Sam Houston State University researcher Santosh Kumar discussed his findings on the long-term effects of birth weight in the newest paper that he co-authored, “The Effect of Birth Weight on Cognitive Development: New Evidence in India,” in the Class of 1947 Room at the Homer Babbidge Library on Thursday.
In the United States, Kumar said that it is common for people to think of drinking and smoking during pregnancy as harmful for the baby. In India, however, drinking and smoking during pregnancy is rare, he said. Agriculture is often the main source of income in India, and this means that a drought can become the serious risk for babies. If pregnant women do not have enough nutritious food to eat, it results in a lower birth weight for the baby.
A low birth weight or poor fetal development has a long-lasting and permanent effect on adult health, Kumar said.
“The effects of early life conditions persist in later life,” he said.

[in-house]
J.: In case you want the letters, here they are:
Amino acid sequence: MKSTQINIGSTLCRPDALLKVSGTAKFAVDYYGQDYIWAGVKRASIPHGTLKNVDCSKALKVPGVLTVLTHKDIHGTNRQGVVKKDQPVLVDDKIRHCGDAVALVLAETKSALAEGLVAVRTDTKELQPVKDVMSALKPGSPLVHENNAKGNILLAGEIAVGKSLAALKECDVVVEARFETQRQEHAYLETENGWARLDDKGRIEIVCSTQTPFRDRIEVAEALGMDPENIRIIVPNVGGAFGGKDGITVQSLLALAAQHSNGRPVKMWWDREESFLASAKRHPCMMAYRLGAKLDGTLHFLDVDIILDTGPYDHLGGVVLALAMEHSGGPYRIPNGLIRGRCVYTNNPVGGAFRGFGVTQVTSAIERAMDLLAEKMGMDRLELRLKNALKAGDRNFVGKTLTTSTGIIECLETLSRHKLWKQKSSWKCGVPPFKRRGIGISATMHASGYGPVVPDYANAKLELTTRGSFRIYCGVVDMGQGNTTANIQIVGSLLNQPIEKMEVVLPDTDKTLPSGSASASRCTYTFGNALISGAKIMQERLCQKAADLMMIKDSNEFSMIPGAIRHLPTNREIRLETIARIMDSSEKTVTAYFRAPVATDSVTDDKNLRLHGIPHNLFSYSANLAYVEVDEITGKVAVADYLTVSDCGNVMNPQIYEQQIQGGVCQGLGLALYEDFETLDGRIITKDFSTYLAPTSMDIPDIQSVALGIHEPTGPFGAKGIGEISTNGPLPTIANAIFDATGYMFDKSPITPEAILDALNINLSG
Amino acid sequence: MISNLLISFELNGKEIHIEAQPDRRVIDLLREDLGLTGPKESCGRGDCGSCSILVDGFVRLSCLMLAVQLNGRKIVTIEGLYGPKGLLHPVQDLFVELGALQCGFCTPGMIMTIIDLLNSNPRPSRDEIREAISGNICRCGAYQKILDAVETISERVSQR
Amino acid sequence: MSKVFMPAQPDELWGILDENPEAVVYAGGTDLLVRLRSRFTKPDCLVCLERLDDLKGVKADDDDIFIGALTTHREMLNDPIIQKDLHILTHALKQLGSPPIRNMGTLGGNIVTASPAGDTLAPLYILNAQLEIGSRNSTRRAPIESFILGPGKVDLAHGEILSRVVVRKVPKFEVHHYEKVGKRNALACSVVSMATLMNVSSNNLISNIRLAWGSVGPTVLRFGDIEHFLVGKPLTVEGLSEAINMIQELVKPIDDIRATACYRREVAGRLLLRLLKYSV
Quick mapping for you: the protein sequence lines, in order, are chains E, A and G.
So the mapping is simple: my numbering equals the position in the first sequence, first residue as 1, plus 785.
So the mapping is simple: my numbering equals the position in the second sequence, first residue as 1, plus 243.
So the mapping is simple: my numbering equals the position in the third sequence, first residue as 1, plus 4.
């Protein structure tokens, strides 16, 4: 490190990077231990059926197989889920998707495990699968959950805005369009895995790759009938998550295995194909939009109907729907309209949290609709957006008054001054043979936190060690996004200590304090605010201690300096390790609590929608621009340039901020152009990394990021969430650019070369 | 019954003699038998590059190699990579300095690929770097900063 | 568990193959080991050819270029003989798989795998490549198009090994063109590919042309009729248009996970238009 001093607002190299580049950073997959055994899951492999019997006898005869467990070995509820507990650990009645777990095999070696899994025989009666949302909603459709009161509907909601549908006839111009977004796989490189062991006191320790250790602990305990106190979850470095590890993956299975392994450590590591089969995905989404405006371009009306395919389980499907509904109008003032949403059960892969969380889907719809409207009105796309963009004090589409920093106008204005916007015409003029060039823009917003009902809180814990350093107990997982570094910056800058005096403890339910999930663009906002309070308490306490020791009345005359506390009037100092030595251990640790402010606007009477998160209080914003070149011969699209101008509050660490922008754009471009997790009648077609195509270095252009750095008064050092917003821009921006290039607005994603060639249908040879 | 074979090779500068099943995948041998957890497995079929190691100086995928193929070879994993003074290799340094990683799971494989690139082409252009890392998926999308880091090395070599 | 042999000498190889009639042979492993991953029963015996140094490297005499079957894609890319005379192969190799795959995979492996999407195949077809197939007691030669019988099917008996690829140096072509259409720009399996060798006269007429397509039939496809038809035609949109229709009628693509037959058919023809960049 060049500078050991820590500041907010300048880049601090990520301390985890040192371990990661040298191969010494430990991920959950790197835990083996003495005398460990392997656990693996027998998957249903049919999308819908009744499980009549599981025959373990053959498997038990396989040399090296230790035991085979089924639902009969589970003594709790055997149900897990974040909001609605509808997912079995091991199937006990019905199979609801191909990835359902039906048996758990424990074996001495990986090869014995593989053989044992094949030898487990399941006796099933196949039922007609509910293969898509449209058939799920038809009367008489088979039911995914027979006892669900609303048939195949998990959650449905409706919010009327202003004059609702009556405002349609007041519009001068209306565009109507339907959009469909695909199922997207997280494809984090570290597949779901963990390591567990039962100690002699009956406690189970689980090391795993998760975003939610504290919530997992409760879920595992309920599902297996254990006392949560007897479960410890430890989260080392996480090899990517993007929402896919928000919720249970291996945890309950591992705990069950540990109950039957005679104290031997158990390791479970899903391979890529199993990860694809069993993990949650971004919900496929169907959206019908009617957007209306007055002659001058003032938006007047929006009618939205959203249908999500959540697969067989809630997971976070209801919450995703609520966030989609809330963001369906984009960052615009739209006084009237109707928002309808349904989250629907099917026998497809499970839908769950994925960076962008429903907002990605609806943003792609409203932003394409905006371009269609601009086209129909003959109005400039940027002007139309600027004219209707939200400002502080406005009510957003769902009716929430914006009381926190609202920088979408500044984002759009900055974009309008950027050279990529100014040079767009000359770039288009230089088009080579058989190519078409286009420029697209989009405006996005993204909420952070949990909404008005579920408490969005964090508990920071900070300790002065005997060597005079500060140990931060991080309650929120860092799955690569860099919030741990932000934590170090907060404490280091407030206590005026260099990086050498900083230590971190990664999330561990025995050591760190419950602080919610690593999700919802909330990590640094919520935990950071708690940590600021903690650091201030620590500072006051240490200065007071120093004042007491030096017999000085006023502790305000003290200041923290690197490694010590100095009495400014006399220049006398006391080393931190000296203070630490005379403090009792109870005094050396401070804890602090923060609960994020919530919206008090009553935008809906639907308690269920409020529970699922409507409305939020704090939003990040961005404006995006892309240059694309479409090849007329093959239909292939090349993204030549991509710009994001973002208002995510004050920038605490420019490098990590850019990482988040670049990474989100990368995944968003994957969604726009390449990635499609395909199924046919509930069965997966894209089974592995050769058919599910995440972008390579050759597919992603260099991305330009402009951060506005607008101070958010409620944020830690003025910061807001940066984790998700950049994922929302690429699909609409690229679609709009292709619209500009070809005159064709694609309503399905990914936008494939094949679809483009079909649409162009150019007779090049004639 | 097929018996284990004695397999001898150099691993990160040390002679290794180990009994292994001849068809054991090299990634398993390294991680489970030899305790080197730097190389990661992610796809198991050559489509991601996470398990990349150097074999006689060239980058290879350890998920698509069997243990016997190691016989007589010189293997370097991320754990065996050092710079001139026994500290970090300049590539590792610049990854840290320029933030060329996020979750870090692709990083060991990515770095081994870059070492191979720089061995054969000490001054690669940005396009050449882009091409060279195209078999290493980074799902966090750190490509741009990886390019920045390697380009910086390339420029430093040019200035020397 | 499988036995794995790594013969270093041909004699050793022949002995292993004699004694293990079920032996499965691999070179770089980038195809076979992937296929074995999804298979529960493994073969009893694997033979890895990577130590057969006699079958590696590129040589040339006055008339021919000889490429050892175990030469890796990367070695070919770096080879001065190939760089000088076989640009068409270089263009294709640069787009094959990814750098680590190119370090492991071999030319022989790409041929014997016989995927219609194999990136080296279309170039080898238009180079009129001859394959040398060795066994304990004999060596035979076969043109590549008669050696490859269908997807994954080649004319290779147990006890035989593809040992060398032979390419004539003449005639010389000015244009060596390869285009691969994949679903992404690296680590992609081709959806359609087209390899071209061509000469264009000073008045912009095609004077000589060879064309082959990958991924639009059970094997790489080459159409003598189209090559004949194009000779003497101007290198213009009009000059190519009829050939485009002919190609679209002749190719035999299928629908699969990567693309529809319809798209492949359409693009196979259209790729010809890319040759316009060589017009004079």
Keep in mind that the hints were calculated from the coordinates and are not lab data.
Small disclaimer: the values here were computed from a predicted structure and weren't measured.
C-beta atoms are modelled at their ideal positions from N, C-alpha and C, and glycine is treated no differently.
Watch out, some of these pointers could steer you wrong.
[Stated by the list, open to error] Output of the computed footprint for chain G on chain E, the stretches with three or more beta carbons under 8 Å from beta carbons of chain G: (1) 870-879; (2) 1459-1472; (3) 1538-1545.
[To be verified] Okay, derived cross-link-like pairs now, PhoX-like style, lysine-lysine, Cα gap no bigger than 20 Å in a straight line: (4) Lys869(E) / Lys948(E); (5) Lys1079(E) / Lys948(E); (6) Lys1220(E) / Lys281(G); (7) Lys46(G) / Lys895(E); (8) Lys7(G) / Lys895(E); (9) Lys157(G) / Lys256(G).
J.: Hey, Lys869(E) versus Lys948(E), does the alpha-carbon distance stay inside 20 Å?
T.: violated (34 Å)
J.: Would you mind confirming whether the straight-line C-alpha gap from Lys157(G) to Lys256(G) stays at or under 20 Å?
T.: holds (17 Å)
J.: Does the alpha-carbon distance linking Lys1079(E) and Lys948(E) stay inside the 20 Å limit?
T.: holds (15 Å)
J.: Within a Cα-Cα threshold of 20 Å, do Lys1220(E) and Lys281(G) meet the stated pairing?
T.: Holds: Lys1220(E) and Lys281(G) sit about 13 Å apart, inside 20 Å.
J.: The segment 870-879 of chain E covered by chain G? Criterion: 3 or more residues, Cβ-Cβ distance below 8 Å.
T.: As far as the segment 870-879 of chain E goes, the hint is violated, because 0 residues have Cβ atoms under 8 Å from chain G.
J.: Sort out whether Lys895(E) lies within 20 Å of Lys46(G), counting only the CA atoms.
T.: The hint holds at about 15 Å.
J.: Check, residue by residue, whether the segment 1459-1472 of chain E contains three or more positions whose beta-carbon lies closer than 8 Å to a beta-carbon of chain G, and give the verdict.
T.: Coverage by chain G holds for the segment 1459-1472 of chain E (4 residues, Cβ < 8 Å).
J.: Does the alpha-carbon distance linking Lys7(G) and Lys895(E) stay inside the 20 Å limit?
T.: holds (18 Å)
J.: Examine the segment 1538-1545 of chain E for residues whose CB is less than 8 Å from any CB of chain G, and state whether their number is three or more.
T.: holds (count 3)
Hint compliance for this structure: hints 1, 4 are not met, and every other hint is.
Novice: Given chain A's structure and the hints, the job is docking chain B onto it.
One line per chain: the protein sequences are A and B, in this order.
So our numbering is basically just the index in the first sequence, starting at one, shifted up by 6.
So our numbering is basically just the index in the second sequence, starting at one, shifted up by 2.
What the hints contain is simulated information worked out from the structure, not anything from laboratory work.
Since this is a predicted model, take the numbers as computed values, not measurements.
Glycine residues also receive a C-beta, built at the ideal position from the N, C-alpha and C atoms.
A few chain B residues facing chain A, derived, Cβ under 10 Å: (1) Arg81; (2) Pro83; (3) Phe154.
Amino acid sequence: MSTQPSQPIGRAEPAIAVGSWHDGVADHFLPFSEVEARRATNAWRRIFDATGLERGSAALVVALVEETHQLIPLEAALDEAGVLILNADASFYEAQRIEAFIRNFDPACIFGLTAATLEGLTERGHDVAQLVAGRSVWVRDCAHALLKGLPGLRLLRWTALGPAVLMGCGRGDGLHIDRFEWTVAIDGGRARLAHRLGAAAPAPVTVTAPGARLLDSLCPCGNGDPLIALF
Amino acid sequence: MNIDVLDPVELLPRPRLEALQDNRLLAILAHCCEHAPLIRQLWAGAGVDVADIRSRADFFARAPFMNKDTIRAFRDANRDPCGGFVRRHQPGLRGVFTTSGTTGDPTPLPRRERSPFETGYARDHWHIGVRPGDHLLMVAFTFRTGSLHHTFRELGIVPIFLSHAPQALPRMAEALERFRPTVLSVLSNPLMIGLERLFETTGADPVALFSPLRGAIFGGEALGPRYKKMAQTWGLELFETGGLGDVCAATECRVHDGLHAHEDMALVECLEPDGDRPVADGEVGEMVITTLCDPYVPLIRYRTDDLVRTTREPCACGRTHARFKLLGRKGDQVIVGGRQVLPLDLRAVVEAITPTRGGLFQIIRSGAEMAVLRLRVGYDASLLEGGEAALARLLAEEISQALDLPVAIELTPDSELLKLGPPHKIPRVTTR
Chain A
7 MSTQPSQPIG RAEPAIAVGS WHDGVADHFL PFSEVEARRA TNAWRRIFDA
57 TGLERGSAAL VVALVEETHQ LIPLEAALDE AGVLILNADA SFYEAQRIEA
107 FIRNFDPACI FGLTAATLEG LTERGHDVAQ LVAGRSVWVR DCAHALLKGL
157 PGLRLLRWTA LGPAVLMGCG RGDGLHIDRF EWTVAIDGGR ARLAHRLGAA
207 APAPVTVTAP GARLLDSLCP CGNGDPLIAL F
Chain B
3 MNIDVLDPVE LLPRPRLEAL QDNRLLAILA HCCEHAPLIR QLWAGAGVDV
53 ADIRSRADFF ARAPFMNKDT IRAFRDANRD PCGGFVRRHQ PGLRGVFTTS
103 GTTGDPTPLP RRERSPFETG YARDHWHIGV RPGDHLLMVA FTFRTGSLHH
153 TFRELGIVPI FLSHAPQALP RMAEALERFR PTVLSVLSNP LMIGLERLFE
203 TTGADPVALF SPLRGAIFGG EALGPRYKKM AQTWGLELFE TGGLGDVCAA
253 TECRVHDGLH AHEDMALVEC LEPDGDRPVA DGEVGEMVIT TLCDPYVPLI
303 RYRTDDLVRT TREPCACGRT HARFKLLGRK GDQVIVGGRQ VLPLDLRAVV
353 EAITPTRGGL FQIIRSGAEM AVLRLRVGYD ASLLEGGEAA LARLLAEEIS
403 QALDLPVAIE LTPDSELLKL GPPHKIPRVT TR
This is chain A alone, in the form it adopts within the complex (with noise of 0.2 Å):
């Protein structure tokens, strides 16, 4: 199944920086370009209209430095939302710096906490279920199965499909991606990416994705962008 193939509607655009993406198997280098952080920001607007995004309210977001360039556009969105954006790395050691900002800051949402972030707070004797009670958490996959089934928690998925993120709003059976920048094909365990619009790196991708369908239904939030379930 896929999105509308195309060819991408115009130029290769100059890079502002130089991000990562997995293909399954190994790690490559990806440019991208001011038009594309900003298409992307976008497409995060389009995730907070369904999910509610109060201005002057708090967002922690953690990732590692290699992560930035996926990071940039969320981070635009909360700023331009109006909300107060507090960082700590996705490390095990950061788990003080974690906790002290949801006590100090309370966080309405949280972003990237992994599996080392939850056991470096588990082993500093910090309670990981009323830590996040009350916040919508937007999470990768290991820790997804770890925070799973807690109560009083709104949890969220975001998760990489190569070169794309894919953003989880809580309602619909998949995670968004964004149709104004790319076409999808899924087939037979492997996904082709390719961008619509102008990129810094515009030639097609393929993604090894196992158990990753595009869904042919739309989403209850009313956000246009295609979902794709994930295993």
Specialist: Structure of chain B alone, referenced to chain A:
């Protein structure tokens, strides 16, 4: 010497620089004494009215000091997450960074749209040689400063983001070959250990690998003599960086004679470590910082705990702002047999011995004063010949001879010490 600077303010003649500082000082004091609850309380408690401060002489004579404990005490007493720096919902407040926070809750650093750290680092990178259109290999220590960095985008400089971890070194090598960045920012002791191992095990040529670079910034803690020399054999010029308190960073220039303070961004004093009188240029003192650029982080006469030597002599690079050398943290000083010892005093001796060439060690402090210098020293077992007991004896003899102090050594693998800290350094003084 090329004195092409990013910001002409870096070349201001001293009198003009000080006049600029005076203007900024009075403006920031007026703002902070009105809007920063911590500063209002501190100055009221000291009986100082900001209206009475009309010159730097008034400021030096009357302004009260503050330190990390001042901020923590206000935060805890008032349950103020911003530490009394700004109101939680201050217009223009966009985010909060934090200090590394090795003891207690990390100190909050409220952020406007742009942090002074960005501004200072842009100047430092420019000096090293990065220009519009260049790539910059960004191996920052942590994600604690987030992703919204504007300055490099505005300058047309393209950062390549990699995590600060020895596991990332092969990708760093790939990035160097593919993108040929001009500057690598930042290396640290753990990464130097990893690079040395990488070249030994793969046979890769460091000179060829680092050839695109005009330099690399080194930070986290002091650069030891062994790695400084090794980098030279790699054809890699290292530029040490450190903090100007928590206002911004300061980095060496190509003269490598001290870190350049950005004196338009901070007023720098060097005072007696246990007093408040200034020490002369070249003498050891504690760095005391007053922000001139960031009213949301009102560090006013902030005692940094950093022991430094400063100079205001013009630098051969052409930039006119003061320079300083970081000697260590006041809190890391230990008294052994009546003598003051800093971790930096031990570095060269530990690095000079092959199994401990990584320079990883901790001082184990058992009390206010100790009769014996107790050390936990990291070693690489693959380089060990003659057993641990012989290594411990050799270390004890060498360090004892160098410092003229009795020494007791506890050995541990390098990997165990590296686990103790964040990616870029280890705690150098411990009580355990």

This conclusion was reached with the help of a Young Lives Survey and Peabody Picture Vocabulary Test results.
The Young Lives Survey is a 15-year longitudinal study to explore the nature of childhood poverty, Kumar said. It followed 12,000 children in low-income countries in four waves: 2002, 2007, 2009-10 and 2015.
He explained that the Peabody Picture Vocabulary Test (PPYT) is the best test to determine cognitive ability in India.
Both the Young Lives Survey and the PPYT test results aligned with the Fetal Origins Hypothesis (“Barker’s Hypothesis”), which suggests that low birth weight or poor fetal development has long lasting and permanent impacts on adult health. The tests proved that lower weight babies were unable to catch up with others.
Kumar listed several other factors that contribute to the success of normal birth weight babies in India. For example, these babies are more likely to be born into households with a higher socioeconomic status. This means that the parents are more educated and able to help the child succeed. Low birth weight babies are born into environments that do not provide the resources that they would need to succeed.
Eight hundred and thirty six million people still live in extreme poverty. One of the main sustainable development goals is to end poverty and hunger, and ensure good health and well being by the year 2030, Kumar said.
Sarah Maddox is a campus correspondent for The Daily Campus. She can be reached by email at firstname.lastname@example.org.